In an attempt to finally demonstrate the futility of the war on drugs once and for all, Plymouth Police have gone out of their way to prove every tired prohibitionist justification for keeping things as they are - wrong. Or so it seems on reading this story from the Plymouth Herald.
Reuben Ferguson, an 18 year old from London, has been warned to expect jail time after being caught dealing drugs twice in three weeks. So far, so run-of-the-mill, an everyday occurrence in modern Britain.
But look a little closer and this story reveals itself to be something quite special – what we have here is a Holy Trinity of sorts. In every possible sense this case represents the very worst failings of prohibition and highlights the desperate need for reform.
Firstly, there’s Ferguson’s age. He is a teenager. A child. Supporters of the status quo are forever banging on about protecting children from the harms of drugs by enforcing prohibition, as if something being illegal precludes its availability to kids. In reality, as is the case here, prohibition of drugs not only fails to protect our children but wilfully places them in harm’s way, just waiting to be hoovered up by the organised criminals who move into any and all unregulated markets.
Which brings us nicely onto the second way in which this case highlights the absurdity of the drug war – Ferguson was dealing drugs, not because of any personal want to do so, but because of a debt owed to the very criminals who had sold him drugs in the first place. They had reeled him in, let him run up debts he couldn’t pay and forced him to do their dirty work as repayment. Even the most ardent supporter of prohibition would struggle to argue that this would ever happen in a legal market.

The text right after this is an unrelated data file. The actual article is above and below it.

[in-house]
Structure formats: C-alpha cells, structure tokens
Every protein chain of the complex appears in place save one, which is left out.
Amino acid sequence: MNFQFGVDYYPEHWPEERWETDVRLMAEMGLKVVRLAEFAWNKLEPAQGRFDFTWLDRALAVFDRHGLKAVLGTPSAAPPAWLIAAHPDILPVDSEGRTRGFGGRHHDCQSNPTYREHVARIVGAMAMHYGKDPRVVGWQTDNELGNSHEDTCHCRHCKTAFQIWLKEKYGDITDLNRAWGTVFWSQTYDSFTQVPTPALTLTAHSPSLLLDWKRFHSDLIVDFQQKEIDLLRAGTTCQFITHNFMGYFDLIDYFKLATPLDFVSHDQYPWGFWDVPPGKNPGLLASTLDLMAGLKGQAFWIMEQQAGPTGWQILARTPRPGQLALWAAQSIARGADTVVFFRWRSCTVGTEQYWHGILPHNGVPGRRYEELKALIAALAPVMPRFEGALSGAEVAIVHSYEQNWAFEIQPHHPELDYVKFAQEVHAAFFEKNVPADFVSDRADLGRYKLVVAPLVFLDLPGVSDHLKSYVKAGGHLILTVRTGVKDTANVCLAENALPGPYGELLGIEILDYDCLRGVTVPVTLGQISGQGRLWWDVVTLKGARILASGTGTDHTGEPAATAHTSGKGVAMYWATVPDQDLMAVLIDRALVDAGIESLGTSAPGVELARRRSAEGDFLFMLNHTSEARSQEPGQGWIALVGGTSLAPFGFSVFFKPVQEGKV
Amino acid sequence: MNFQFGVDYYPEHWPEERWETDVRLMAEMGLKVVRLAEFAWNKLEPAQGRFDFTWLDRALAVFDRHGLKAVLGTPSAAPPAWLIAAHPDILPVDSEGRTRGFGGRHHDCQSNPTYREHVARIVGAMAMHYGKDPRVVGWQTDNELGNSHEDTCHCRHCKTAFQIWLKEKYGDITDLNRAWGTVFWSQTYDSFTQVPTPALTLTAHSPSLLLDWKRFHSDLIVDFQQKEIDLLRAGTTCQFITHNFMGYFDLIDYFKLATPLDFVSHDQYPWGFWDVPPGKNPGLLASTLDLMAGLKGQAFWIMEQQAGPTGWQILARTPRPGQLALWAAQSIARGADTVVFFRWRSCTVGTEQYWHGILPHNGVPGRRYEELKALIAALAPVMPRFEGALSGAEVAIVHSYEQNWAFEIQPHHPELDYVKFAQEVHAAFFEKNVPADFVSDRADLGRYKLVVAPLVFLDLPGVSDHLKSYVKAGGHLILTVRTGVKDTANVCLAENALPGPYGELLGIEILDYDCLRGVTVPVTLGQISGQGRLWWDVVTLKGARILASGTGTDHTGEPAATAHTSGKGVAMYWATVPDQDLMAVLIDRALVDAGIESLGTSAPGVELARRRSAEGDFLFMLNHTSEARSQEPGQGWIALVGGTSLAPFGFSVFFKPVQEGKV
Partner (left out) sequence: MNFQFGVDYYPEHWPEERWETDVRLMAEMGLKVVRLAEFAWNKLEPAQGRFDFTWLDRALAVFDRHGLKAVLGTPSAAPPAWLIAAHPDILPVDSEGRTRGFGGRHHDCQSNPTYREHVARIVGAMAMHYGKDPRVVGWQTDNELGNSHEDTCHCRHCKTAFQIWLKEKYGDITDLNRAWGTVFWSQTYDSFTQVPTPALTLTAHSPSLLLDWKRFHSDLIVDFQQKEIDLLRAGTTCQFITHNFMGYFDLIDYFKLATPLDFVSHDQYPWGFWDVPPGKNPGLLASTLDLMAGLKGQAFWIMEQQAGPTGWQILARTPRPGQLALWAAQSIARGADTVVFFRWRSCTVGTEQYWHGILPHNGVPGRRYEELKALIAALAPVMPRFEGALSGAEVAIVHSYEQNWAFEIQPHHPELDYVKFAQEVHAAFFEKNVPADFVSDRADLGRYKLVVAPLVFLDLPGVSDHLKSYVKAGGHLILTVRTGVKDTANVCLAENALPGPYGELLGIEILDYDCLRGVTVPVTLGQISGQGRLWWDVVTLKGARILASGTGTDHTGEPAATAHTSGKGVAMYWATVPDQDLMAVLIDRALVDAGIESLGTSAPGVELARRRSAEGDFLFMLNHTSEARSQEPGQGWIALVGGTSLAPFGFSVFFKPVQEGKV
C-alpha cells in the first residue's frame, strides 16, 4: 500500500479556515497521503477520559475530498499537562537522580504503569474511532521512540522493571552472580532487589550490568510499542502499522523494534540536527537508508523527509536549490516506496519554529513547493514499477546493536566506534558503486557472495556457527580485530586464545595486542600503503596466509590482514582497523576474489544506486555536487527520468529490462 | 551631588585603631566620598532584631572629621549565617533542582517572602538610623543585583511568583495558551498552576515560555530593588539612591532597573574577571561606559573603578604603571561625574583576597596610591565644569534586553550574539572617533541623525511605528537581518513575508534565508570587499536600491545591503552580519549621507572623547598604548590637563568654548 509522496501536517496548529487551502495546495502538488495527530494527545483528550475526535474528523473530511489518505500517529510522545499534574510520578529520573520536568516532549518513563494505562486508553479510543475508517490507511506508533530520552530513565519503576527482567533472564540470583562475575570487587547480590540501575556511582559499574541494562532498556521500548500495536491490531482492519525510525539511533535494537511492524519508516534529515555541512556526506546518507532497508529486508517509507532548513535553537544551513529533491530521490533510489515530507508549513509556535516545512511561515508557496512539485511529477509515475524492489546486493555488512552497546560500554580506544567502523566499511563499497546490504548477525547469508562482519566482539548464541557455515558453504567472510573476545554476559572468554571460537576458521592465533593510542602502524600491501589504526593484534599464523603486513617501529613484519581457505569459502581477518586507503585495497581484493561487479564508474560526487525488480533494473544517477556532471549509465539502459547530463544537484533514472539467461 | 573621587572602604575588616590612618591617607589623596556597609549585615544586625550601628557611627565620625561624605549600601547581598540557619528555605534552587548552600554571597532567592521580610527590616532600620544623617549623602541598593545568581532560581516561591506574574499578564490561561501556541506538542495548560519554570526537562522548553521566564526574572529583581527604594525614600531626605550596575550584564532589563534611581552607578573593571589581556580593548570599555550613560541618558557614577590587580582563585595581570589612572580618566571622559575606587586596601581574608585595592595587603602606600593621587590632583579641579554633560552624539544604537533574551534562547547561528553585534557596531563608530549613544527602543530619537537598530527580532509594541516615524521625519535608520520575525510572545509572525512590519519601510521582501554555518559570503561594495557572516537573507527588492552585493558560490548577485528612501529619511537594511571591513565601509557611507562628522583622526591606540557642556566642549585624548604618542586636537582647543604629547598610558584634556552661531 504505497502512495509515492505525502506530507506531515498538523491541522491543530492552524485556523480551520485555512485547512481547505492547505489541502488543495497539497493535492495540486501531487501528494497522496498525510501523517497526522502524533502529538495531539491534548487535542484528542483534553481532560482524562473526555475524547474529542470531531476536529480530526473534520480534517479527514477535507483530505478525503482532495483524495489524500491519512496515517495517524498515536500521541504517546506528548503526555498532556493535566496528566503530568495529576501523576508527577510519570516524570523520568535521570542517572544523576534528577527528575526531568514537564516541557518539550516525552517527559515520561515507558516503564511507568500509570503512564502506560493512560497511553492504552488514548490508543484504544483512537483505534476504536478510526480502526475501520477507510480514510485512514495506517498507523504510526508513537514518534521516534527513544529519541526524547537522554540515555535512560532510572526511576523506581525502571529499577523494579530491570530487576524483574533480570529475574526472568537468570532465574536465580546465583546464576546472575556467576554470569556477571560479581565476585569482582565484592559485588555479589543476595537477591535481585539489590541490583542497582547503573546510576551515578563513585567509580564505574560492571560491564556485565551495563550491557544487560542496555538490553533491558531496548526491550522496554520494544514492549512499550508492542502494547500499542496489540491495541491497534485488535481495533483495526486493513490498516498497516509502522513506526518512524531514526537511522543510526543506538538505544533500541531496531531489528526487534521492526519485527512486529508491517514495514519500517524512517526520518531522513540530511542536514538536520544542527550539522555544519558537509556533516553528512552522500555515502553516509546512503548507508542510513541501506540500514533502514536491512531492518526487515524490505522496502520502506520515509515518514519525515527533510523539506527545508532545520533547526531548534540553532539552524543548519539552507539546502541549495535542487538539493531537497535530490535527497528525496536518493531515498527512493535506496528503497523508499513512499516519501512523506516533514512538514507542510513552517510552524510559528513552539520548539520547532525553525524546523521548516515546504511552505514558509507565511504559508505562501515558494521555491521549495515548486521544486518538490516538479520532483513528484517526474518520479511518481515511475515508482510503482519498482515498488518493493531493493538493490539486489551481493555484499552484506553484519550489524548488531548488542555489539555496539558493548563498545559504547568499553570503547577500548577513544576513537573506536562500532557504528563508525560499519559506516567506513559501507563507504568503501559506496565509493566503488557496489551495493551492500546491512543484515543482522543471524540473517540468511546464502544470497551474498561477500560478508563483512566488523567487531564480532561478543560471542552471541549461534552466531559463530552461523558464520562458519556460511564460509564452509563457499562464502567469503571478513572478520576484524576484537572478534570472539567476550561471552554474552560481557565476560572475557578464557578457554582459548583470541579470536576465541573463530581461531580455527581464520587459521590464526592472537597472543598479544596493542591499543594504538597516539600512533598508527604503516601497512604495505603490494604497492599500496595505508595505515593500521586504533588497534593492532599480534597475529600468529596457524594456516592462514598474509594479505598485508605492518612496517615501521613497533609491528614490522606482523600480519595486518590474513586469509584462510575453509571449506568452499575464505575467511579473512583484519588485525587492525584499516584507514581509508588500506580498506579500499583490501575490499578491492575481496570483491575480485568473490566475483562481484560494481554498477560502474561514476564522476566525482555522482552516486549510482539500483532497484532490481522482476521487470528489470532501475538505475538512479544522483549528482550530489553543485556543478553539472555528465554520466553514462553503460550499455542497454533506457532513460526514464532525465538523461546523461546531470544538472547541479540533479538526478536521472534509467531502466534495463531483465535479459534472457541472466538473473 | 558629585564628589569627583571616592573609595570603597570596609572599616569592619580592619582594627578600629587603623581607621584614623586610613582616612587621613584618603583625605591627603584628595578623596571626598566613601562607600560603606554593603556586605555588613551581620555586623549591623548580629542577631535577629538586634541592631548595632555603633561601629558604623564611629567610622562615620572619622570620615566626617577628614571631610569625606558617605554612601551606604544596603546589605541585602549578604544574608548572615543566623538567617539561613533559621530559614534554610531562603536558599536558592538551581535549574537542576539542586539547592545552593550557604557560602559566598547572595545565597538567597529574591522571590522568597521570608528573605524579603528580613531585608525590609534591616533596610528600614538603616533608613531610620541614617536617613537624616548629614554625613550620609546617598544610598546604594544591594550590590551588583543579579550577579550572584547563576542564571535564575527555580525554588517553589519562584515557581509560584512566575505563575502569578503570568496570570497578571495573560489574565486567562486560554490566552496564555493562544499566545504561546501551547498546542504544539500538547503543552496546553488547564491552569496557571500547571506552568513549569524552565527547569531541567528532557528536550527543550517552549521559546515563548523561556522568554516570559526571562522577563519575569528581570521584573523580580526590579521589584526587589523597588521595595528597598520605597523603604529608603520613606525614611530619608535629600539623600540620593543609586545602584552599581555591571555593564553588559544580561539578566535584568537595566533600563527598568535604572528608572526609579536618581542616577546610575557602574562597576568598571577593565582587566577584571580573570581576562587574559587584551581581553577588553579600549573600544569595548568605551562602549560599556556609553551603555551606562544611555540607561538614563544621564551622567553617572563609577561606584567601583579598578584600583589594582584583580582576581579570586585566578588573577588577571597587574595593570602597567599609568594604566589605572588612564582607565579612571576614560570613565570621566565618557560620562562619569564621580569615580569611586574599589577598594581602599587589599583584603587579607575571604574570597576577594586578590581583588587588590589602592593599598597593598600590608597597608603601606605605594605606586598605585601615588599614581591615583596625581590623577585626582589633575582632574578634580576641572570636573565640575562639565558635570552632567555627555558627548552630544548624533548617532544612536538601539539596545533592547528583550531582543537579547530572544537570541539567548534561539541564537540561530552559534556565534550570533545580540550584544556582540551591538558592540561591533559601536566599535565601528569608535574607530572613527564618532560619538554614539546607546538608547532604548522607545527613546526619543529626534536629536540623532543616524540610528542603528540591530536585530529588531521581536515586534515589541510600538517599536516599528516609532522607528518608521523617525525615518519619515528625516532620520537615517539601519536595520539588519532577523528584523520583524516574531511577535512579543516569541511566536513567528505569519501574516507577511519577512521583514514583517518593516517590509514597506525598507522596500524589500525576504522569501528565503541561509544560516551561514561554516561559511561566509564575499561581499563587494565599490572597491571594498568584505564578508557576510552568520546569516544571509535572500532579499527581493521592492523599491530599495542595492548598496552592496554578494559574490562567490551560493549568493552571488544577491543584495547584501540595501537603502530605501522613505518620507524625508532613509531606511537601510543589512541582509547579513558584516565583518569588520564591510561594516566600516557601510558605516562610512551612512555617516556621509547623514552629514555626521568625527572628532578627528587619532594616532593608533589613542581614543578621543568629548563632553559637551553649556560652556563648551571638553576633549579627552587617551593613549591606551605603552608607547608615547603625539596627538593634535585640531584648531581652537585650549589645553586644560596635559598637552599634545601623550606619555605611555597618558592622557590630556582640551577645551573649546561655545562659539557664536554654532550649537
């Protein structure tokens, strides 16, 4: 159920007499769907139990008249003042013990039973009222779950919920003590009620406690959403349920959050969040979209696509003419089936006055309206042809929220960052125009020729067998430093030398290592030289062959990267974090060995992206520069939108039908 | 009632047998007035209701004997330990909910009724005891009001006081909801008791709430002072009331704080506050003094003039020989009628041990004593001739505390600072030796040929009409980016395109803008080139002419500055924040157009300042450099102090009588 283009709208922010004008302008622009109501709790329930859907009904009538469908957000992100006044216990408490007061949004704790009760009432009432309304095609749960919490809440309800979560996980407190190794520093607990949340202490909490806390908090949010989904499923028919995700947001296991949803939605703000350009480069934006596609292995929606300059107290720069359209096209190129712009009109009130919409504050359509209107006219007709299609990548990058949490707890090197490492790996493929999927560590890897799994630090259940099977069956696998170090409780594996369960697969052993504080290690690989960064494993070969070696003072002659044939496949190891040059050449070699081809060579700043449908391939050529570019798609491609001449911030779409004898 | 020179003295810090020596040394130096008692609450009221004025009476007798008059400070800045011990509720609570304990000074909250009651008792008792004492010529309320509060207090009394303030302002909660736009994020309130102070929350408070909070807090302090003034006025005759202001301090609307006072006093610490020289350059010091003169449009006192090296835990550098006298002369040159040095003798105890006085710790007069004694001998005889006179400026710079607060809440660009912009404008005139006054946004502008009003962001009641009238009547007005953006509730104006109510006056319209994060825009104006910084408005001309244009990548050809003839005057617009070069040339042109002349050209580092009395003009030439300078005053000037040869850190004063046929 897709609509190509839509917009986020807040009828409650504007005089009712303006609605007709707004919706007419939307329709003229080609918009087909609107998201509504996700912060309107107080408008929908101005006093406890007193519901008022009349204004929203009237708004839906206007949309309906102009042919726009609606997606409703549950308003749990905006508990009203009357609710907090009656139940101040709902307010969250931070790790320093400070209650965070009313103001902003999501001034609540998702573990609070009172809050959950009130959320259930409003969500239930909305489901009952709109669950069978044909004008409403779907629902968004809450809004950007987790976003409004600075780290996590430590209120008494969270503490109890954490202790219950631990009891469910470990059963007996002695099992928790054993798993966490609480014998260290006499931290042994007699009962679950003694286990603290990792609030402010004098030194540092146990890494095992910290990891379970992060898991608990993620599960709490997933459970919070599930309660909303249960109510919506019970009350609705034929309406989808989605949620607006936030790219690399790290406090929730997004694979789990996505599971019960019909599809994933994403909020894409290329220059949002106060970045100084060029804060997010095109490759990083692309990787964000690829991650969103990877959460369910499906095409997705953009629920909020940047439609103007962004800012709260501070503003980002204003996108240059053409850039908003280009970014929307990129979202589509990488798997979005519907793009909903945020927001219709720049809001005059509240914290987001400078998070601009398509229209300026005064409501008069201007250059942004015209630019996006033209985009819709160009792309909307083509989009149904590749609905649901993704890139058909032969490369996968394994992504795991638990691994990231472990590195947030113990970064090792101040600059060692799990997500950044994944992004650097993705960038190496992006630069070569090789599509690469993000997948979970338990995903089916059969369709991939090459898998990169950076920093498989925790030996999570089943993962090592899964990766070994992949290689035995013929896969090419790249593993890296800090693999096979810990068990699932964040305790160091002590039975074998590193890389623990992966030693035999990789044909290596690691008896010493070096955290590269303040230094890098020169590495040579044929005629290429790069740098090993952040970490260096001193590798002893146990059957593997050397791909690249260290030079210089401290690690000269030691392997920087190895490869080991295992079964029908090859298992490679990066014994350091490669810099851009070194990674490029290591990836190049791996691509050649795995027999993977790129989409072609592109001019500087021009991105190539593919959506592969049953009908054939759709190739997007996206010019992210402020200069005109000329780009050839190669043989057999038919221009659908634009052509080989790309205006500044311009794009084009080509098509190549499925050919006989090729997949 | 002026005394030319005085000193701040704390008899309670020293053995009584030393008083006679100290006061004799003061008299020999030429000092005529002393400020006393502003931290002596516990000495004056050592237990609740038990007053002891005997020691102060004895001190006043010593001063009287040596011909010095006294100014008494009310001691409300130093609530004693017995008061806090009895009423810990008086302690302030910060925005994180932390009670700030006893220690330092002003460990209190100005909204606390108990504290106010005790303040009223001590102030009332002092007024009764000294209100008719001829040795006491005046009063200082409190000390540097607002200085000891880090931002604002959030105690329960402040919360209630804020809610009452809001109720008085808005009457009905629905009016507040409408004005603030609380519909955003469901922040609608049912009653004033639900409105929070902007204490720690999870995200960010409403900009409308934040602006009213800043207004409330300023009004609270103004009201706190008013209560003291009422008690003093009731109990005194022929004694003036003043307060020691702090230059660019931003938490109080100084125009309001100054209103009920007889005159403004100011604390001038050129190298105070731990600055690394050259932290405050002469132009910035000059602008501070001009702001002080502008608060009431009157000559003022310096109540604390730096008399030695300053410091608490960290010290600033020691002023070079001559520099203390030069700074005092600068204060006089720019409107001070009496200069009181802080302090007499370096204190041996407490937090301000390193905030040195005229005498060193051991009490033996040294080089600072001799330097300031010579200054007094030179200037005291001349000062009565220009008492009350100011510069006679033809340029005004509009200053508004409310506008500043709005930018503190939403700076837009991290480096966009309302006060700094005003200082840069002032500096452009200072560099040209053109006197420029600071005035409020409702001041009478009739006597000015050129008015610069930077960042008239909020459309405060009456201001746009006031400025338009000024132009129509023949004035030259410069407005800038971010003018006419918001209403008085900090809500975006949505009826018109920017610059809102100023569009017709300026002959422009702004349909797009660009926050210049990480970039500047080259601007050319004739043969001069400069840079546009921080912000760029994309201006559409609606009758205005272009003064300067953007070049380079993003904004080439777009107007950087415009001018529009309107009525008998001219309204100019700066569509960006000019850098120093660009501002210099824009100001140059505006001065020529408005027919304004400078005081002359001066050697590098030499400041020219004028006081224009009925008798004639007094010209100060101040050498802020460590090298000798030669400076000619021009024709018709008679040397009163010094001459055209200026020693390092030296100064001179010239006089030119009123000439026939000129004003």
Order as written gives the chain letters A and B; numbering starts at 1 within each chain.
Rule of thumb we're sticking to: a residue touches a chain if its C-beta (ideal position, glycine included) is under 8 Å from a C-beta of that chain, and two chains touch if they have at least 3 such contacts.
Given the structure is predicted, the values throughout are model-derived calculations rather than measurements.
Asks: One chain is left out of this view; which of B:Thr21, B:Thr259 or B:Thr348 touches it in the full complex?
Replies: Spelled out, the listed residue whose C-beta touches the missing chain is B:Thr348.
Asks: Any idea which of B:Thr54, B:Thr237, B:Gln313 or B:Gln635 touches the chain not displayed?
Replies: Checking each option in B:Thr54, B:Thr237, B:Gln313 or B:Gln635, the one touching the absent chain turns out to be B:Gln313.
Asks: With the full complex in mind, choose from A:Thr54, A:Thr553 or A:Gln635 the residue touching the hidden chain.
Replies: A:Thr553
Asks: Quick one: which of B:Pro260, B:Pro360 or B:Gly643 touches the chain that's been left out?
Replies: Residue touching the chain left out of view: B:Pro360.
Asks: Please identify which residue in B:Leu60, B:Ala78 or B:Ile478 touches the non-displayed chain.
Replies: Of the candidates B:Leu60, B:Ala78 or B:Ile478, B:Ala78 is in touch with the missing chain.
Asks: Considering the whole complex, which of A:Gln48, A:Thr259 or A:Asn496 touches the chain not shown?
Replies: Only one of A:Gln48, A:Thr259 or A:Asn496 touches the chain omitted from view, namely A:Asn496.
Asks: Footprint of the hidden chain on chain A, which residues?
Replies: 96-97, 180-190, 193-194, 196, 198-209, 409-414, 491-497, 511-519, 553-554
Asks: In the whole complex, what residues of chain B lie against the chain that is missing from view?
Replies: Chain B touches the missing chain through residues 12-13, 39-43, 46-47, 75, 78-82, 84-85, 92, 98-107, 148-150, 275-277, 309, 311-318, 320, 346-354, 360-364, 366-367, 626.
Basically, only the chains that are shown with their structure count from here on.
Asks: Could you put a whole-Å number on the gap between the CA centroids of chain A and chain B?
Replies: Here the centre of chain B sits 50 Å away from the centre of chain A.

Last but most definitely not least – he was arrested TWICE IN THREE WEEKS. How much clearer does the evidence need to be that arrests and criminalisation don’t work? Of course some people will argue that even tougher punishments are required to stop people re-offending, but this is utter rubbish. If that were the case, then countries with the death penalty for drug dealing would never have to execute a single person. Yet they do almost every day. Our own government even undertook and released a study on comparative drug laws around the world and found categorically that the harshness of a country’s punishments for drug use has no effect whatsoever on the use of drugs in that country.
It is more obvious than ever that our outdated drug laws need reforming – they do nothing to help people and indeed all too often have the opposite effect. Cases like this one only serve to highlight that need. We can only hope that Reuben Ferguson will be the last to have his life ruined not by drugs, but by drug policy.